You said early on in your post that the nitrites are high. Nitrites can cause problems for fish's blood oxygen level, essentially making them feel like they are suffocating. Here is a little reading on that. You can also google "brown blood disease" to learn more.
     

    Water changes and Prime water conditioner to keep remaining low levels of nitrites detoxified would be advisable.
     




    Last edited: Mar 27, 2019
  3. eascusaNew MemberMember

    Yes, but I fixed that immediately. It has been good for 2 weeks now. If it had anything to do with that shouldn't he be better by now?
     




  4. toosieFishlore VIPMember

    If the fish was subjected to nitrite poisoning, I am not sure how long it would take it to recover if organs had been damaged. Nitrites don't usually disappear overnight, so I am unsure of how you immediately fixed it. The tank hasn't cycled yet so ammonia and nitrite levels could be causing him some issues on top of the possible prior damage. Are you using a liquid test kit to determine the levels?

    This is in no way saying that this is absolutely the problem. This is just saying that from the information you have provided, it is worth further looking into.

    I suppose another possible cause is if the bearded dragon's dust is introducing possible toxins into the beta tank...?

    A Turkey baster may help remove waste in a tank this size, or you could use a small tubing to siphon waste off the substrate.
     
    Last edited: Mar 27, 2019
  5. eascusaNew MemberMember

    Thank you for your reply.That is something I wanted to know if he could still be suffering from the high exposure of nitrites. That might be it. Yes, I use a liquid tester for nitrite and ammonia. I only have those two tests though. And according to it it is O.K. The first day I changed all the water. That is probably why it was instantly better and since then I am doing half or little over a half. I have been doing water changes every other day still and put in stress coat. I would do the water change every day but he seems to get upset over it. As far as the dust it is just from potting soil. When she produces eggs I put in some potting soil mixed in with her walnut substrate which doesn't have any dust. I only do this once a year or so when she lays eggs. otherwise she wont lay them and it can cause problems for her. So unless potting soil dust is a problem in which I'm not positive about I don't think its theproblem. I wouldn't think it to be the problem anyway. I was just in there doing another water change and was so frustrated how I couldn't get all the stuff in the gravel. I have a gravel cleaner but it wont work in this little tank. But when you brought up turkey baster which I use all the time to get pest snails out of my tanks I thought, "Wow, why didn't I think of that"! So thanks for that. Thanks for the help.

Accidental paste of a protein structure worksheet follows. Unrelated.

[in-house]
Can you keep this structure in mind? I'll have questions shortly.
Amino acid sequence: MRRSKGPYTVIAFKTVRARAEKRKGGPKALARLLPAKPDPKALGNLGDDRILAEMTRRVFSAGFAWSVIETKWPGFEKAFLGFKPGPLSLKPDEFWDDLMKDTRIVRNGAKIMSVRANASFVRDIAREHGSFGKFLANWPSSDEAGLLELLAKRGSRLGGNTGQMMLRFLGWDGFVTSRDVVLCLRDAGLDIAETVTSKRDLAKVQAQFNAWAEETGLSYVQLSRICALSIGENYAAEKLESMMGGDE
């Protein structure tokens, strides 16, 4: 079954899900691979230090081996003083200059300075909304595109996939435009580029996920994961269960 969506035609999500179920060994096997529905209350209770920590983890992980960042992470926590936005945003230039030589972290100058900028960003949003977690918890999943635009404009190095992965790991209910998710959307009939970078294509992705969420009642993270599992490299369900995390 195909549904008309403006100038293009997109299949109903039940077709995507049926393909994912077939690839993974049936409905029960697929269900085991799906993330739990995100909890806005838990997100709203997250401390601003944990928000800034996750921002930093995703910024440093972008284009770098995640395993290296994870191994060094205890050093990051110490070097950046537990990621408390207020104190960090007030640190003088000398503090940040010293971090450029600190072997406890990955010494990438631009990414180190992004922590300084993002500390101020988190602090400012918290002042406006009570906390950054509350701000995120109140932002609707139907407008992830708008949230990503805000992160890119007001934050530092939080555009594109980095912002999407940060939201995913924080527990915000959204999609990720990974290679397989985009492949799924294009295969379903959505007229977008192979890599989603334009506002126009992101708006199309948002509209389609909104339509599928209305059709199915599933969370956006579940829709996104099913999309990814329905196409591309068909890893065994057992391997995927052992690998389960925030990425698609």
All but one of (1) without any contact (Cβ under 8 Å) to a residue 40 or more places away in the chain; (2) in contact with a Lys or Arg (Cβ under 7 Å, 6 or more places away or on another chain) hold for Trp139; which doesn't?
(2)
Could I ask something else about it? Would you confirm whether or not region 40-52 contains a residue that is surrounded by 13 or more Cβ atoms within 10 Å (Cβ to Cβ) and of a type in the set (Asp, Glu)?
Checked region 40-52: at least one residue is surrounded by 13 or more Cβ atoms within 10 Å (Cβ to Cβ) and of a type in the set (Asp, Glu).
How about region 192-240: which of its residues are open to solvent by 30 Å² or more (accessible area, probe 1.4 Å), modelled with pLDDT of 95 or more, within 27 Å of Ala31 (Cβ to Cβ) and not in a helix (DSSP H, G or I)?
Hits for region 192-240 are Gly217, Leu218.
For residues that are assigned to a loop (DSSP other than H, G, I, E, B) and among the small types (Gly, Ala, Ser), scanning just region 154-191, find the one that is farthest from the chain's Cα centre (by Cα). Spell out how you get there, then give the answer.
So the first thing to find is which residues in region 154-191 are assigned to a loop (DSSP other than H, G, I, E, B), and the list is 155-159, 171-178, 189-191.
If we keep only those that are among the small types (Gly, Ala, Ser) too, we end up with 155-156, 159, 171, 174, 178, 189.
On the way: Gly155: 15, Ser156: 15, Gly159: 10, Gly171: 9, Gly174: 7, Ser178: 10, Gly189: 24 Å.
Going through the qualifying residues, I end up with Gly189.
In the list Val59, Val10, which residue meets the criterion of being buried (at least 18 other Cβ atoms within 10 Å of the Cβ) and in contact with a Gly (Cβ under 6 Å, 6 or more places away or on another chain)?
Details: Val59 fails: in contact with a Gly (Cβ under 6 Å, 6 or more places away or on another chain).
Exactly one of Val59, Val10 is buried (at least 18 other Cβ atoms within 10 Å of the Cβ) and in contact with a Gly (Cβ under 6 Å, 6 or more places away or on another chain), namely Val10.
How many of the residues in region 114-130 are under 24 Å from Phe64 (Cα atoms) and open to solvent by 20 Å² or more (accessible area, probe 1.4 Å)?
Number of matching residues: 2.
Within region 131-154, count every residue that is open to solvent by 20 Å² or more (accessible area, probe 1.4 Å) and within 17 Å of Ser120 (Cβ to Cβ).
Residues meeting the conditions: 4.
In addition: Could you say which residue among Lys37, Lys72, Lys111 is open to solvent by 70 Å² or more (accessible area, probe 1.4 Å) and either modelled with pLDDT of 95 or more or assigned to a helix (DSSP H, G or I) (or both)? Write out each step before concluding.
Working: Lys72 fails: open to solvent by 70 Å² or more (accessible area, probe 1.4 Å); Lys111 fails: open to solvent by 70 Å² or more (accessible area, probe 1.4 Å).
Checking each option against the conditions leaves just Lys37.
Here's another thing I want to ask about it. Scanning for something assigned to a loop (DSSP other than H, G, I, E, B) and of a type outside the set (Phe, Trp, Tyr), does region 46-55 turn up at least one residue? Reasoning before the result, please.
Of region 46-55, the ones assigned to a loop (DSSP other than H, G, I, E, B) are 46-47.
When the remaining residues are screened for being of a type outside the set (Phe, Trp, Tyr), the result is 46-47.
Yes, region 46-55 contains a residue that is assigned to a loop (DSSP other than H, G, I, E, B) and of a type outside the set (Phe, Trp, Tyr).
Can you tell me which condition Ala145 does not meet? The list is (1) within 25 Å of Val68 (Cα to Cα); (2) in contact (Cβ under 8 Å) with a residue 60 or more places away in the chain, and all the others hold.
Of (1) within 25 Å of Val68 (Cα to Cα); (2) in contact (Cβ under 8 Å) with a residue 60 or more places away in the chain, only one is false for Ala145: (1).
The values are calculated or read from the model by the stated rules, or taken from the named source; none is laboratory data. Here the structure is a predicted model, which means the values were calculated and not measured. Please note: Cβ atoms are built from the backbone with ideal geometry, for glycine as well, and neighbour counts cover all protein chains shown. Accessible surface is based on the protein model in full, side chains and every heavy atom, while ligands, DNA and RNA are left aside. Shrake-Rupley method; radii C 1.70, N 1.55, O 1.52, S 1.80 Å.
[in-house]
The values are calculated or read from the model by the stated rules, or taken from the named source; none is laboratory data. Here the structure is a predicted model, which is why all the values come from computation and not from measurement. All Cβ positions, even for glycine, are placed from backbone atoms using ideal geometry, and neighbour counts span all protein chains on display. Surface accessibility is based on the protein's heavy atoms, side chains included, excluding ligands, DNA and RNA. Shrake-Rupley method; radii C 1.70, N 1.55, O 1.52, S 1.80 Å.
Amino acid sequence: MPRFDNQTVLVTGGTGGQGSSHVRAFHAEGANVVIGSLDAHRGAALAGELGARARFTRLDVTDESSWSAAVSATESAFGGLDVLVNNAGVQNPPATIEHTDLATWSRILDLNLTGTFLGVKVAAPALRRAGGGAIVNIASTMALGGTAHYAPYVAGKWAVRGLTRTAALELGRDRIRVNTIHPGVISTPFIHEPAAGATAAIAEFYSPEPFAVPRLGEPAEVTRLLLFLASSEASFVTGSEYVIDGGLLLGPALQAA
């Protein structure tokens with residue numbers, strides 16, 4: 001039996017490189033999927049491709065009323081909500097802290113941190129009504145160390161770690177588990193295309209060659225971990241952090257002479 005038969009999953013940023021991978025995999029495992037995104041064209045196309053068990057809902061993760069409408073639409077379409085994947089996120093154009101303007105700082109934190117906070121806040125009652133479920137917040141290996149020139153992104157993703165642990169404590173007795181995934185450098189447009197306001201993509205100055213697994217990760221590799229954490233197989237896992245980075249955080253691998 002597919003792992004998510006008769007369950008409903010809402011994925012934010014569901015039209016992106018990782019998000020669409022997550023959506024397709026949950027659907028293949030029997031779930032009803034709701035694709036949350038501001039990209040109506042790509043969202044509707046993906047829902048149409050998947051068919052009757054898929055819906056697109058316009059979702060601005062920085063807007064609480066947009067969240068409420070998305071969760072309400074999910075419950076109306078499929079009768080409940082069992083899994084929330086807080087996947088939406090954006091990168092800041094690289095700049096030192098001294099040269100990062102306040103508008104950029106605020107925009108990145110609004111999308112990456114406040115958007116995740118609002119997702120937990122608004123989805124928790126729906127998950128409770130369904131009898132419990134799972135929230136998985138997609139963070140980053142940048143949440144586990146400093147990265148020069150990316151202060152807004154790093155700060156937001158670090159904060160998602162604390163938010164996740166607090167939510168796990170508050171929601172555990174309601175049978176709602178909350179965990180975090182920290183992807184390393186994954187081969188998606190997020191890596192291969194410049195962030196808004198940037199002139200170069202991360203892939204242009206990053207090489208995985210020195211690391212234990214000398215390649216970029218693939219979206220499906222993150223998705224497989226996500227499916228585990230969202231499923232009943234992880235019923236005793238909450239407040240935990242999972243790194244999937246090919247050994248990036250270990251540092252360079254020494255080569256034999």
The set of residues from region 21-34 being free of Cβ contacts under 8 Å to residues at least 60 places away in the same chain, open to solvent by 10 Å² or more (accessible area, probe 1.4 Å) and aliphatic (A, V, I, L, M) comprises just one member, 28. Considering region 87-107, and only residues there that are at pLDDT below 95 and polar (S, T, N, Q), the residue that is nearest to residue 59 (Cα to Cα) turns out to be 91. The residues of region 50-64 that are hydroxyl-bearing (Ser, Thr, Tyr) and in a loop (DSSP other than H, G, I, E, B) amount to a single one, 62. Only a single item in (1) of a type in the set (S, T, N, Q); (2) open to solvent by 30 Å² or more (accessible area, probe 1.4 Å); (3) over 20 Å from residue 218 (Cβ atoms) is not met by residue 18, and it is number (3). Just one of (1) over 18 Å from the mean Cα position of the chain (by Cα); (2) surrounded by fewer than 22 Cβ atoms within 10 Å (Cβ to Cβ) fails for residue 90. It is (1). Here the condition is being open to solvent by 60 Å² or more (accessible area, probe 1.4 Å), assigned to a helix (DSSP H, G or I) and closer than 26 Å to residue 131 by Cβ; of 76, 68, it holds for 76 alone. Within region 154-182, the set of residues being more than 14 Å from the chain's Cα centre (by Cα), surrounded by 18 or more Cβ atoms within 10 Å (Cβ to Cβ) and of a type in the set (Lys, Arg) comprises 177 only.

6. toosieFishlore VIPMember

    You're welcome.

    To be more clear, and perhaps it is not something of any concern, but I'll throw it our there anyhow, just in case it makes some kind of sense... The bearded dragon produces a toxin that is capable of immobilizing small animals, with venom. Now...my thinking is that, is it possible that some of these secretions, while harmless enough to you, are getting into the substrate you use for the dragon and then inadvertantly a small amount is deposited along with the dust, into the beta tank?

    Maybe it's a big stretch, but I thought it might be worth a thought.
     
  7. eascusaNew MemberMember

    Hmmmm, I will have to look into this.Thanks
     
  8. eascusaNew MemberMember

    Can the ammonia in your fish tank still be high even if your nitrites are fine?
     
  9. toosieFishlore VIPMember

    Yes. In an uncycled tank, this is typical when the bacteria that convert ammonia to nitrites is not developed yet. In a cycled tank it is still possible when the ammonia bacteria become overwhelmed by an increased bio load and the nitrite bacteria are able to keep up to what is getting converted. It can also happen when there is a level of ammonia in the source water (like with a water change), in which case the bacteria in the tank need time to catch up and get it converted.
     
    Last edited: Mar 30, 2019
  10. eascusaNew MemberMember

    Hello everyone,
    Thanks so much for those who posted. I am very happy to say that with a lot of work I saved my fish. He is now 100% better. It makes me so happy to see him eating again and when he see's me coming over to the glass wanting his food. I really thought I was going to lose him. It took a long time but worth it. Thanks again. If anyone wants to know what I did just let me know and I can write it out.
     
  11. toosieFishlore VIPMember

    Happy to hear the good news! Thank you for the update! Good job!